Using mephedrone can cause impotence, a leading scientist warned today.
John Mann, professor of chemistry at Queen's University, Belfast, also said the drug should have been banned sooner.
His comments came as it was disclosed up to 27 people in the UK may have died from taking mephedrone, which is also known as plant food and "miaow miaow".
Prof Mann, a fellow of the Royal Society of Chemistry, said the dangers of mephedrone could have been predicted because it was similar to other drugs.
Habitual users of khat, a drug popular in the Somali community, are known to suffer from impotence, he added.
He said: "Could the dangers of this drug have been predicted? Of course they could.
"I think that the UK could have responded earlier because mephedrone is a very close structural analogue of cathinone - the major psychoactive ingredient of khat."
"Mephedrone also has similar chemical structures to the amphetamines which are controlled substances with known dangers."
On Monday Home Secretary Alan Johnson announced his intention to ban mephedrone and similar substances. The law is likely to be changed by April 16.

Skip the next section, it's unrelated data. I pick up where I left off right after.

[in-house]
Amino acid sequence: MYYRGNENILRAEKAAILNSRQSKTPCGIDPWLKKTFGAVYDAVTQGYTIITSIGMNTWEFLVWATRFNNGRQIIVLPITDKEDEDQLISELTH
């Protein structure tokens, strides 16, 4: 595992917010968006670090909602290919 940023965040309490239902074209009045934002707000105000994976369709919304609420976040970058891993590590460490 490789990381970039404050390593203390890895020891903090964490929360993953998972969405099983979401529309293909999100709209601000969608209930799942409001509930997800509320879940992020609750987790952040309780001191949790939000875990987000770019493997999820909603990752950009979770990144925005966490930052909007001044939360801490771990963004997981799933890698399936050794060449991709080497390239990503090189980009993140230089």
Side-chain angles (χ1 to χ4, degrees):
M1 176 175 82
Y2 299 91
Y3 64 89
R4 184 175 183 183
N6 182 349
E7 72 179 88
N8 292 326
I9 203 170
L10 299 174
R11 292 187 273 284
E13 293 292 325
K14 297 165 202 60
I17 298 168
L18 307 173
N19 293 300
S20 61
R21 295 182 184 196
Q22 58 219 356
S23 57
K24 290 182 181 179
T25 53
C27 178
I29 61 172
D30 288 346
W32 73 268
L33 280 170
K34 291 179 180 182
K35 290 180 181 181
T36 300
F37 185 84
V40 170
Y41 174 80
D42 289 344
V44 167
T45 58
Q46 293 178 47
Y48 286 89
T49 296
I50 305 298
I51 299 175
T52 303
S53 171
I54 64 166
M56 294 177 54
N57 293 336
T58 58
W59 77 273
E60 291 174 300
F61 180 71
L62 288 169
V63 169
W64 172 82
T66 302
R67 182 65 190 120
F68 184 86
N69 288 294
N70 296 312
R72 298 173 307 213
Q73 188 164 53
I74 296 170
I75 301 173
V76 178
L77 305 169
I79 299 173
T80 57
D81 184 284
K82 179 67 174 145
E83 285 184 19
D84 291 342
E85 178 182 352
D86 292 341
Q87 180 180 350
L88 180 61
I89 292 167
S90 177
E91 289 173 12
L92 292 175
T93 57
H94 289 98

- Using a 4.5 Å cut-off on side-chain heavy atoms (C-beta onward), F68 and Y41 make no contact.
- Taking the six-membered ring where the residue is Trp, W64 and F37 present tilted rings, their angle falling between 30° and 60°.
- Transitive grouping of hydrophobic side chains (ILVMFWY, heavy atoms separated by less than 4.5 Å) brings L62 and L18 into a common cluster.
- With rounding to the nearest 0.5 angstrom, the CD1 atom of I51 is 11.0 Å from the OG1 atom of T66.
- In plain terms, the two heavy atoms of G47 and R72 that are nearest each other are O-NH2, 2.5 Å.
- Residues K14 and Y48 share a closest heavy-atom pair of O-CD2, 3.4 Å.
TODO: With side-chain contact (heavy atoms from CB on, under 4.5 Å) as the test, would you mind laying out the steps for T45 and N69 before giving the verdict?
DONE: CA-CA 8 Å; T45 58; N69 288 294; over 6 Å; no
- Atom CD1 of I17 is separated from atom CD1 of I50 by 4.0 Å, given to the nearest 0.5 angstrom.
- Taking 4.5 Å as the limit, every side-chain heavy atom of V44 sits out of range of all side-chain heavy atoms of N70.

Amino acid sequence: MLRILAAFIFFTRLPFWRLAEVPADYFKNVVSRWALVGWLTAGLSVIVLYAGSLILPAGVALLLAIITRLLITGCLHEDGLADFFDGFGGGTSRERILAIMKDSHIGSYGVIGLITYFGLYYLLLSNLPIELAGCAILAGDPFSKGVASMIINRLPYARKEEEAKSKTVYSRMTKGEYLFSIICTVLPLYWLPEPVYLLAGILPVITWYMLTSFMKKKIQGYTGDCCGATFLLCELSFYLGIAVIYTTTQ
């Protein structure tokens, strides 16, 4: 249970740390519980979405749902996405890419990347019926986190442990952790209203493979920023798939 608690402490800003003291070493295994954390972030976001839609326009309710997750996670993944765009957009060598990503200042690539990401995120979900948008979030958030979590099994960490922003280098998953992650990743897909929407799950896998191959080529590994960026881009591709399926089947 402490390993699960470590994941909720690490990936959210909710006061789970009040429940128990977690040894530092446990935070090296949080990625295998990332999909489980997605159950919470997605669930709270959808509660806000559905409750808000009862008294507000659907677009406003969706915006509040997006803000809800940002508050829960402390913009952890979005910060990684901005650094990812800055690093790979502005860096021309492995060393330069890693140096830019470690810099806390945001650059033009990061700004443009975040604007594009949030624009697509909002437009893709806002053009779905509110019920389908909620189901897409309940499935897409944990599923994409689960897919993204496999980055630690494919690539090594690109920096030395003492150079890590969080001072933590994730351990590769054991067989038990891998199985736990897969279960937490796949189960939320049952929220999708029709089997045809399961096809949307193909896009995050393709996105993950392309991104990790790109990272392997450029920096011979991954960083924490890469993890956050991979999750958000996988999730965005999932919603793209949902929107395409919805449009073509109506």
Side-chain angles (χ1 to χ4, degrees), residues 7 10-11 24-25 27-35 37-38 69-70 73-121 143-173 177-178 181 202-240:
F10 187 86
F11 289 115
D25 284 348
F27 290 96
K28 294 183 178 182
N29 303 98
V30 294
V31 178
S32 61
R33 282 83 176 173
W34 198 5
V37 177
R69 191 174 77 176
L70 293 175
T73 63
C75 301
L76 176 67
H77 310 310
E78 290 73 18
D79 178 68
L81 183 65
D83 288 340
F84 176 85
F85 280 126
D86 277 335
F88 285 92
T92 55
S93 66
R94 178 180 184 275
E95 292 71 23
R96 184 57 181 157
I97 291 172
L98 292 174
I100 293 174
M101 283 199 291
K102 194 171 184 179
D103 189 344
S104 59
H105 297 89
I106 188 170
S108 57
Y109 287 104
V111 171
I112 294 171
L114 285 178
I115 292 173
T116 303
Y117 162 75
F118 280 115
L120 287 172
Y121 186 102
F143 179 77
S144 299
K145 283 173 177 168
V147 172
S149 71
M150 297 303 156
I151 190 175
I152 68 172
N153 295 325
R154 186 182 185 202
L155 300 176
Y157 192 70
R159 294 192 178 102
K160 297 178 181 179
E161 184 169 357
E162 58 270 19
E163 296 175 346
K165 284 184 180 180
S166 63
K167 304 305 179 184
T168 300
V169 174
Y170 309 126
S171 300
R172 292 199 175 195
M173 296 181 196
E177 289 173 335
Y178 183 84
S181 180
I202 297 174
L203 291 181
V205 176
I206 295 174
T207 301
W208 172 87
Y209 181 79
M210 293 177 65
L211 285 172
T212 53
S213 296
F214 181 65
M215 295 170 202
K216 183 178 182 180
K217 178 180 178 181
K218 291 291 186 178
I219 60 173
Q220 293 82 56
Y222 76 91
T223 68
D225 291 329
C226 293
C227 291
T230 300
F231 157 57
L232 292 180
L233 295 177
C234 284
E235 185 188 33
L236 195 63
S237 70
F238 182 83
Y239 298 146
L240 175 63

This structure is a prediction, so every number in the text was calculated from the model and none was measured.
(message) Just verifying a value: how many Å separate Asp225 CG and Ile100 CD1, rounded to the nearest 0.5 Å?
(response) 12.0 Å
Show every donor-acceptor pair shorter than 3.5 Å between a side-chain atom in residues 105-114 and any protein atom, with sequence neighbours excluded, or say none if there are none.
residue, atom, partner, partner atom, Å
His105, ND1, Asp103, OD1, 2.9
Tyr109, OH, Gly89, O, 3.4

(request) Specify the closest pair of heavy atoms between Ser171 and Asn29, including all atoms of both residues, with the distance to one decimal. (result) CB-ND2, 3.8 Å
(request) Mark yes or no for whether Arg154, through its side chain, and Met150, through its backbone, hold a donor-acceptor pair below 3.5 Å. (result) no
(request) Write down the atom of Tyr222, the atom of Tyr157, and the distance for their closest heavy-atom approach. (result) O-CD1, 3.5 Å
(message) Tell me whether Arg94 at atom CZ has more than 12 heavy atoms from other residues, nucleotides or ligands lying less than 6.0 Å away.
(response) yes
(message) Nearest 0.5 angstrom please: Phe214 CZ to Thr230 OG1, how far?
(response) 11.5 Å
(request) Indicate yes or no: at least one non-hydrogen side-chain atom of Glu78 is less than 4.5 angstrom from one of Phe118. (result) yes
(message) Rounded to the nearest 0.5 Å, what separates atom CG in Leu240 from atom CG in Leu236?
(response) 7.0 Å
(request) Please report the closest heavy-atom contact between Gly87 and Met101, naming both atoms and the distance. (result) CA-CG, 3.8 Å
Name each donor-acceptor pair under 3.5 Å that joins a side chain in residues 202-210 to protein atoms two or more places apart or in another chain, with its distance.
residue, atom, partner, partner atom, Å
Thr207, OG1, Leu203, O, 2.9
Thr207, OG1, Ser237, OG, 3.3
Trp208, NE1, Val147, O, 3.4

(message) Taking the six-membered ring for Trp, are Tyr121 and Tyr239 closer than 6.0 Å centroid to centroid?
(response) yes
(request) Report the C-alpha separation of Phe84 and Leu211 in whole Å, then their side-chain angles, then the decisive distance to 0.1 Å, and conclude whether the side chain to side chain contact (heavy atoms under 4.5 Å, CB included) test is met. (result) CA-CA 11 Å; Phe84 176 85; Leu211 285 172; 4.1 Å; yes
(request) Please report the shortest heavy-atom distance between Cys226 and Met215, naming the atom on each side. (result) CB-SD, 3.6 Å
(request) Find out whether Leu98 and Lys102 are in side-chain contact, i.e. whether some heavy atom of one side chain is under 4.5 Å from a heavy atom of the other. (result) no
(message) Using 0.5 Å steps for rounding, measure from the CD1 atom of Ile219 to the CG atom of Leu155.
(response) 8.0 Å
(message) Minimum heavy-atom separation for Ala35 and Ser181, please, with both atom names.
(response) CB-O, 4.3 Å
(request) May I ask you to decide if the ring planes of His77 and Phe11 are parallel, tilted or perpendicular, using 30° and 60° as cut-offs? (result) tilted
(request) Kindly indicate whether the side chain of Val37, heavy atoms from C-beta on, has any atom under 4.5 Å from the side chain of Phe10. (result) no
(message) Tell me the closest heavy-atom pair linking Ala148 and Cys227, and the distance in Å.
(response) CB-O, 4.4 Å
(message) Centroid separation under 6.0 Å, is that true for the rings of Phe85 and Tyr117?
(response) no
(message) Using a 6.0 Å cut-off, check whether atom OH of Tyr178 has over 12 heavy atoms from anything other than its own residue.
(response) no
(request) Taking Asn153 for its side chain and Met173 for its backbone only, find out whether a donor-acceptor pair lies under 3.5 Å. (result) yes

The Advisory Council on the Misuse of Drugs, which advises ministers on drugs, released its report on mephedrone today.
It said 18 deaths have been potentially linked to mephedrone in England, seven in Scotland and one each in Wales and Northern Ireland.
The report found mephedrone users tended to be younger than cocaine and ecstasy users, and were more often in their teens or 20s.
And it said police faced major difficulties in testing for mephedrone.
There is no simple street test and laboratory tests are expensive and time-consuming.
It said: "Currently there is no simple drug field test available for cathinones. There is an urgent need to develop a simple and reliable field test."
A 100kg package of mephedrone was seized at Stansted airport on Tuesday, the UK Border Agency said.
Customs officers impounded the drug, shipped from Mumbai, following Mr Johnson's announcement of an immediate import ban on Monday.
Brodie Clark, Head of the UK Border Force, said: "I am delighted that our officers have acted so swiftly after the Home Secretary's announcement and made this substantial seizure.
"The UK Border Agency is determined to stop harmful drugs reaching our streets. They devastate communities and destroy lives."Reuse content